In Southern Exposure, published October 15, photographer and writer Lee Bey journeys across the South Side with his “bulky 35mm Canon and tripod,” documenting the architecture that people living in the rest of the city (not to mention state or country) tend to forget about. Bey is deeply connected to his subject matter: his grandparents came to Bronzeville as part of the Great Migration, and he writes about Chicago Vocational, the high school where he trained to become a printing press operator before an English teacher encouraged him to pursue journalism. Throughout the book, Bey weaves together his sharp photographs with their historical context—the story of Pullman’s creation, or an account of the resurrection of Bronzeville’s Rosenwald Court Apartments. The Weekly picked out a few of the best pictures from Southern Exposure below, but go out and buy the whole thing, preferably at your nearest South Side bookseller. (Christian Belanger)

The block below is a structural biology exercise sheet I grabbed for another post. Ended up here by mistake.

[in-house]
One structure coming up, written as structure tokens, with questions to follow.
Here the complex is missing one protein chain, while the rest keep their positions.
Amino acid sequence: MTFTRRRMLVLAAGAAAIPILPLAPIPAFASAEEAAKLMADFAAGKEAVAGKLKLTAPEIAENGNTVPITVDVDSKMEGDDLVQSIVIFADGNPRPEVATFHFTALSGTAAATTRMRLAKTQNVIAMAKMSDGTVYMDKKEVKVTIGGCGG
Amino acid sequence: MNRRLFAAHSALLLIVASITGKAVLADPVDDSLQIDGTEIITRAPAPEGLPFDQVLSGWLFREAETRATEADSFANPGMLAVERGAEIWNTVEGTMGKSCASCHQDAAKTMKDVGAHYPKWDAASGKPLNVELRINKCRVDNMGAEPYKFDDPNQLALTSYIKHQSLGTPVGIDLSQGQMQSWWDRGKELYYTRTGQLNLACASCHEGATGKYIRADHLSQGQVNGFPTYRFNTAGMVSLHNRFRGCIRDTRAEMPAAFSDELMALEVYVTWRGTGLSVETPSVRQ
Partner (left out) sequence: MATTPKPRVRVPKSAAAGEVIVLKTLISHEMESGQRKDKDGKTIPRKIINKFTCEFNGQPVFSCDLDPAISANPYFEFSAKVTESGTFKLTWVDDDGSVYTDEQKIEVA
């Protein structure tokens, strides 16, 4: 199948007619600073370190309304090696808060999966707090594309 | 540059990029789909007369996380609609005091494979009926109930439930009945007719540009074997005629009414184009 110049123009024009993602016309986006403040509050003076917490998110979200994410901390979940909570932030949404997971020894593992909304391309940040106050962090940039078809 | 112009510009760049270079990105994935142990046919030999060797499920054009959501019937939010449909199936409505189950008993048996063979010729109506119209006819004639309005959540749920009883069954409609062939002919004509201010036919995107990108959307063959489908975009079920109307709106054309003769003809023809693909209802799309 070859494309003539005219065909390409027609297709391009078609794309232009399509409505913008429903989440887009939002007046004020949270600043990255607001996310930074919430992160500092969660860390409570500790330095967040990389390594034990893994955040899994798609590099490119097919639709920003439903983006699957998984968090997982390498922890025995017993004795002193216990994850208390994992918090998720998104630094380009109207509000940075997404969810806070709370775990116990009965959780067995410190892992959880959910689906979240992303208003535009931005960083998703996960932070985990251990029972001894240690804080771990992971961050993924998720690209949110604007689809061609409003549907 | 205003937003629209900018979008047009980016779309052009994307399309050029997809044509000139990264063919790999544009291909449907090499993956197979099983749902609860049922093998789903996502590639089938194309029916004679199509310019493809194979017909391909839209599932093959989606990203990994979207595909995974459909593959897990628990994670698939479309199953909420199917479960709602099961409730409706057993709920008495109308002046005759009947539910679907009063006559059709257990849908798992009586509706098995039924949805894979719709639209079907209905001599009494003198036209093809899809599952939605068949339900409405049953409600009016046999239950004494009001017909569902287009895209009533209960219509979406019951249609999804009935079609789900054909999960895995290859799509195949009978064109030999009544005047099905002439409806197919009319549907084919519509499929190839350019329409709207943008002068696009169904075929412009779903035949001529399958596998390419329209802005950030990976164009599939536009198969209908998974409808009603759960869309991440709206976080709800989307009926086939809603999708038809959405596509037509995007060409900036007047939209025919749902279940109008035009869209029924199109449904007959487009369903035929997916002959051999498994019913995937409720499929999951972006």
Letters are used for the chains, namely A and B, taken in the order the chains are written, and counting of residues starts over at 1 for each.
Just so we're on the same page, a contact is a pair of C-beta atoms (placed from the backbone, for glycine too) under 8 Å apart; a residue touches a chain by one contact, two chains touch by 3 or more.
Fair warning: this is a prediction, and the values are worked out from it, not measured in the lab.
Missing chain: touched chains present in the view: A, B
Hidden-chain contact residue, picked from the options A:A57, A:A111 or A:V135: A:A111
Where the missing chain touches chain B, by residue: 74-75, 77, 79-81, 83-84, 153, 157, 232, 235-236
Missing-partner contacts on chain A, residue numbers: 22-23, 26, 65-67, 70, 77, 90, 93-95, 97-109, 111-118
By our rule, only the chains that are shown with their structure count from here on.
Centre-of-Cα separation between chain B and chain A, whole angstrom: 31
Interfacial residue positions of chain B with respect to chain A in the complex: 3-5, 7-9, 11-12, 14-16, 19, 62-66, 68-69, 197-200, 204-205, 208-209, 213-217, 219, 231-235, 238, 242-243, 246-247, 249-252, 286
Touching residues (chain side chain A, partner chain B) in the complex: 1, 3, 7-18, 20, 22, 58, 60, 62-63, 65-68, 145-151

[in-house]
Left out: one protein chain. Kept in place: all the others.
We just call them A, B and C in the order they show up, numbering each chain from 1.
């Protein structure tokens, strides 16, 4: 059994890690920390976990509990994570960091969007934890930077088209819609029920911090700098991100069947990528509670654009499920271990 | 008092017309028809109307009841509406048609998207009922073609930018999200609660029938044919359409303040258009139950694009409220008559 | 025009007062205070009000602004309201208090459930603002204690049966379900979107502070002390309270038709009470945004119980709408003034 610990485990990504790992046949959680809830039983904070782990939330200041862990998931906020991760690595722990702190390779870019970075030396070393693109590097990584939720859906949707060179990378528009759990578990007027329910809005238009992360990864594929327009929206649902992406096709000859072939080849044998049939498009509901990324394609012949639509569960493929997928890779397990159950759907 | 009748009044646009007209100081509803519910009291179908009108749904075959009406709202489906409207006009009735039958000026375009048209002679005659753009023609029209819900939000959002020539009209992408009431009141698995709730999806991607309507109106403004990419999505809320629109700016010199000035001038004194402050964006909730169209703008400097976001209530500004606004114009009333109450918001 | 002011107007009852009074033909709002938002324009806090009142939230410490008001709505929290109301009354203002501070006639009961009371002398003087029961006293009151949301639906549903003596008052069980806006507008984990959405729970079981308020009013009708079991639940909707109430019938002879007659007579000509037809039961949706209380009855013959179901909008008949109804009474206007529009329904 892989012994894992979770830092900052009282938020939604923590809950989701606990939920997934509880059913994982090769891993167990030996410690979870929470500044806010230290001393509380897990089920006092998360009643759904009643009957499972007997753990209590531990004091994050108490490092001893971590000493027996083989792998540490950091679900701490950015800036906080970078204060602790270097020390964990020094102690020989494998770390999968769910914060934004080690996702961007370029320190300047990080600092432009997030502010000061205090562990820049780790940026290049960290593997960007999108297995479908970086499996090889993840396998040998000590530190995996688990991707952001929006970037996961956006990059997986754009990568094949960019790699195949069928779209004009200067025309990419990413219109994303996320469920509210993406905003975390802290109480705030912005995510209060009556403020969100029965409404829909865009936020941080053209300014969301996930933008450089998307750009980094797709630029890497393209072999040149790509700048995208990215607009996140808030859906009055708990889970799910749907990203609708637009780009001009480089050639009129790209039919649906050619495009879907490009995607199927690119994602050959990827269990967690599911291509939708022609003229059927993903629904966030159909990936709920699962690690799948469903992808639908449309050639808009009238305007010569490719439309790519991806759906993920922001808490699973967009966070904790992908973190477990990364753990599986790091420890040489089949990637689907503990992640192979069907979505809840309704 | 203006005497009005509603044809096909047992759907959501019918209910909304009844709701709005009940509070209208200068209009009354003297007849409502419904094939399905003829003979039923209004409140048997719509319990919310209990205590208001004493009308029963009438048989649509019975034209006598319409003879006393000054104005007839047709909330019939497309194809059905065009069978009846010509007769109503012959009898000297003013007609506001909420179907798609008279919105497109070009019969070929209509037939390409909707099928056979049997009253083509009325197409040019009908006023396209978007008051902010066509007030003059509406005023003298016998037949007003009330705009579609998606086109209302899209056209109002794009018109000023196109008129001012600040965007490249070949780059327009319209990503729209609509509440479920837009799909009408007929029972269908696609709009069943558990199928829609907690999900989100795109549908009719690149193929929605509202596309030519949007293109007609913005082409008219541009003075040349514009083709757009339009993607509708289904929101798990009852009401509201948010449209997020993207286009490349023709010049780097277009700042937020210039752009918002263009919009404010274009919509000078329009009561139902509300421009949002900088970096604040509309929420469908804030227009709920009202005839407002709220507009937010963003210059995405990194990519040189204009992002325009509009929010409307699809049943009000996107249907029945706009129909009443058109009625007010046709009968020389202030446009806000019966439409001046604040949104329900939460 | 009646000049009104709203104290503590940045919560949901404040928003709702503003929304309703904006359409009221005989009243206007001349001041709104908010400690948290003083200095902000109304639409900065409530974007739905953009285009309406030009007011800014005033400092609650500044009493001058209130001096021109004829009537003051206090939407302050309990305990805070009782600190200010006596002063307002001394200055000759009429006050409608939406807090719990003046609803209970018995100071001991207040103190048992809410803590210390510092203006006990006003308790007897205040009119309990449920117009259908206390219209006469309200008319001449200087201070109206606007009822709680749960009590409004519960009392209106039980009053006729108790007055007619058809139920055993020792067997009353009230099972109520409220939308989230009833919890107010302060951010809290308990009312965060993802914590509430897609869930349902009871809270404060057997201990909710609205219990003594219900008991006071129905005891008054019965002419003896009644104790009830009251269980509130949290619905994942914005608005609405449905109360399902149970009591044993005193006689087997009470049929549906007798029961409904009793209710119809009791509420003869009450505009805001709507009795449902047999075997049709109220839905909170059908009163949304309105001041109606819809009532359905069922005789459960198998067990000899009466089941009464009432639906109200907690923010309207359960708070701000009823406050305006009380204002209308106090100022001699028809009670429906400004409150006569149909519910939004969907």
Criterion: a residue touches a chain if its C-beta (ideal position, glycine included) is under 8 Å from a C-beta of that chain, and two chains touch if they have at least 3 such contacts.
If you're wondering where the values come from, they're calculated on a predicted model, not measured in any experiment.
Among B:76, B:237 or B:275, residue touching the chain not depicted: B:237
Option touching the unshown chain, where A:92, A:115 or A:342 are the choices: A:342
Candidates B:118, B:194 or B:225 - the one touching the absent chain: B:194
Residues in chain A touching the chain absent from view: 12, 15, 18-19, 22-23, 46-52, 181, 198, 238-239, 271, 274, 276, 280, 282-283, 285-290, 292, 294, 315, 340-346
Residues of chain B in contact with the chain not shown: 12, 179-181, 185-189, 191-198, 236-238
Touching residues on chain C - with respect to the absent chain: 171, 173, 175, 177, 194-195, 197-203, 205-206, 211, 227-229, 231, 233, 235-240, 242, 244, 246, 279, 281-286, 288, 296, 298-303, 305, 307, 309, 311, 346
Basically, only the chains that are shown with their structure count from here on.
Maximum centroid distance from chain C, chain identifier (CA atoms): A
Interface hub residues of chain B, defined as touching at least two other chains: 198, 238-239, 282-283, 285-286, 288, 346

Lee Bey, Southern Exposure: The Overlooked Architecture of Chicago’s South Side. $30. Northwestern University Press. 192 pages.